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A Terrace House for a Tokyo Family

Jérémie Souteyrat [Profile]/Véronique Hours [Profile]/Fabien Mauduit [Profile]/Manuel Tardits [Profile]


Consideration for the surrounding environment is an important aspect of architectural design. In this Tokyo home, the architects wanted to make the most of the greenery of a nearby park, while maintaining privacy for the household.

A view of Dekki no ie (Terrace House) (designed by Conception Tezuka Architects, 2012) from the street to the north.

The second-floor terrace, as seen from the dining room.

The study and bathroom side by side.

Playtime in one of the bedrooms.

There is plenty of room for friends in the dining room.

Three layers of terraces, as viewed from the south.

Looking at the house from the park.

A family of four lives in this house in Kodaira in the western suburbs of Tokyo. They swapped residences with the father’s parents, moving out of their apartment in central Tokyo to the old family home. But they decided to remodel the property, asking the architects to build wide terraces, open shared spaces, and large bookshelves.

The house’s most notable feature is its three levels of terraces facing out over a neighboring park. The first-floor deck is raised to preserve privacy, preventing people in the park from peering inside the house through the hedge. For the same reason, each of the terraces is surrounded on three sides with wooden fencing. Only the park side has light railing where the wind can pass through.

The first floor is for private areas: bedrooms, a study, the toilet and bathrooms. On the second floor are the open shared spaces of the kitchen, dining room, and living room. A large bookcase is built into the staircase that connects the entrance to the living room. From the rooftop, there is a view of surrounding greenery, and even Mount Fuji when the weather is fine.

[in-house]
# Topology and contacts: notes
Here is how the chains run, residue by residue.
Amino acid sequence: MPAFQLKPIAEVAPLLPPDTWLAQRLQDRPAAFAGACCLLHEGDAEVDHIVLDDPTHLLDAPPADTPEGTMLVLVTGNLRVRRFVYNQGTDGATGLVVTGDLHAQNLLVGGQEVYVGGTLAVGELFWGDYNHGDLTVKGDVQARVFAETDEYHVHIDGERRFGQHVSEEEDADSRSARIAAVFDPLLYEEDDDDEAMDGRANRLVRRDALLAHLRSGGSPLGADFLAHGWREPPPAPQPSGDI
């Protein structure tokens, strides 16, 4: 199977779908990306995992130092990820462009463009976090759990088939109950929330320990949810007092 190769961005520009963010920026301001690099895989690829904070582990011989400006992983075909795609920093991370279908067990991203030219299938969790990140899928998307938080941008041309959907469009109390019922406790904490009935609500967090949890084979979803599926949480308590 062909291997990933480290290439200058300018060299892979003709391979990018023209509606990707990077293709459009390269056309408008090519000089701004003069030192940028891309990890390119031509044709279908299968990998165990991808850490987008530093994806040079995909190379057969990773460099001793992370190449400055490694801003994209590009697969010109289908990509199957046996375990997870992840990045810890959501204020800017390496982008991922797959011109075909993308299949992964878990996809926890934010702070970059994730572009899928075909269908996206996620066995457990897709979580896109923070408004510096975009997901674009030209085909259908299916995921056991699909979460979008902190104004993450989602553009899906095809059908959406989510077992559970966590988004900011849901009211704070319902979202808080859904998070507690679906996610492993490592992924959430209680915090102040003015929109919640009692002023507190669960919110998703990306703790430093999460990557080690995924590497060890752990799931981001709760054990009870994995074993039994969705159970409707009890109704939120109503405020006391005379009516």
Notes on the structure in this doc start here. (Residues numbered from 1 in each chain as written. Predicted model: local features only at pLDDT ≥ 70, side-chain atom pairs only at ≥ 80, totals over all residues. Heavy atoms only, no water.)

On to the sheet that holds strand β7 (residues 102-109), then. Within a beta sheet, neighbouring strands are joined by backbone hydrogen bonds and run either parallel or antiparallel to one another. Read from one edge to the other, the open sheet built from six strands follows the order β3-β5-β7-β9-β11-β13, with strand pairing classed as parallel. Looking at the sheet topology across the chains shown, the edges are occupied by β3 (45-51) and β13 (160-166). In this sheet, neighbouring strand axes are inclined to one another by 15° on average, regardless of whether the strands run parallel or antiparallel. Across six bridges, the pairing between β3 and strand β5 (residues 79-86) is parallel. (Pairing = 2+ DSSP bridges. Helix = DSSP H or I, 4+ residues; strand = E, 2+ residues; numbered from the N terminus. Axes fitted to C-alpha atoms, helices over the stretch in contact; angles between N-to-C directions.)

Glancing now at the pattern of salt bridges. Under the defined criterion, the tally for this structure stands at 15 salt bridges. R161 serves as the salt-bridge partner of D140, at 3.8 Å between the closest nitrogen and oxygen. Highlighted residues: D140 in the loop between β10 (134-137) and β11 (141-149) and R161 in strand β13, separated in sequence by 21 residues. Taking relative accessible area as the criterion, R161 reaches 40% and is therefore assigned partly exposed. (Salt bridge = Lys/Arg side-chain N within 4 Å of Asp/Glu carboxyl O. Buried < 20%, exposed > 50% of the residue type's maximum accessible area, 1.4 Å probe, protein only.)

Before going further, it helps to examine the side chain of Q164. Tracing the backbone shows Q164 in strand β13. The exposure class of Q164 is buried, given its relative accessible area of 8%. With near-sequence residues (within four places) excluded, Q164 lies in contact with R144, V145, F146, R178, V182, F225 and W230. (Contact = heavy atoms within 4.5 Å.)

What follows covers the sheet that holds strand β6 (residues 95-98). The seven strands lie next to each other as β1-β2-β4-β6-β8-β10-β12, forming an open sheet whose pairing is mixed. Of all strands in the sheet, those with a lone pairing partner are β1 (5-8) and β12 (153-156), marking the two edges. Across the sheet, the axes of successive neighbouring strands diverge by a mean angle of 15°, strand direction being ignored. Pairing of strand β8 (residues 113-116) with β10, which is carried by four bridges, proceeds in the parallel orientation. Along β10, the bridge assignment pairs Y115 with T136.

Since the house was constructed, the family has stopped going out so much. Instead, on the weekends they invite friends over to relax and enjoy the passing seasons on one of the terraces.

© Fabien Mauduit & Véronique Hours

(Originally written in French by Véronique Hours and Fabien Mauduit and published on July 5, 2018. Photographs by Jérémie Souteyrat. Banner photo: Three layers of terraces at Dekki no ie [Terrace House], designed by Conception Tezuka Architects, 2012, as viewed from the south.)

This series is based on a project called L’Archipel de la Maison (Japan, Archipelago of Houses), initiated by Jérémie Souteyrat and the French architects Véronique Hours, Fabien Mauduit, and Manuel Tardits. An exhibition was held in various locations in Europe in 2014 and in Tokyo in 2017. Exhibition catalogs are available in French from Le Lézard noir and in Japanese from Kajima Publishing.

  • [2018.08.21]

Photographer. Born in France in 1979. Graduated from university in engineering in 2001. In 2009 moved to Tokyo, where he now works as a professional photographer. Has done work for various magazines and newspapers, including Le Monde, Elle, The New York Times, The Wall Street Journal, and Der Spiegel. Published his first photo collection Tokyo no ie (Tokyo Houses) in France in 2017, and Japan in 2017.


Architect. Born in Montreal, Canada. Now lives in southern France. In 2008, she cofounded the A. P. Arts collective, promoting interdisciplinary creativity in the fields of architecture, landscapes, and art. In 2013, she traveled around Japan researching unique houses. In 2016, she published Chile: Architectural Guide with Mauduit.

Architect. Lives in Nice. Cofounder of the A. P. Arts collective. Works on various projects while studying modern architecture. Published Chile: Architectural Guide in 2016 with Hours.

French architect based in Tokyo. Professor of architecture at Meiji University and ICS College of Arts and cofounder of Mikan, an architecture office based in Yokohama. Has participated in numerous national and international exhibitions including Archilab 2006: Nest in the City and Tokyo 2050/12 Visions for the Metropolis for the International Union of Architects 2011 Tokyo Conference. Works include Ie no kioku (The House’s Memory), Posuto ofisu: Wākusupēsu kaizō keikaku (Post Office: A Workspace Conversion Plan), Danchi saisei keikaku: Mikan-gumi no rinobēshon katarogu (Save the Danchi: Mass Estates, A Project of the Future), and Tokyo Dansō (Tokyo: Portraits and Fictions).

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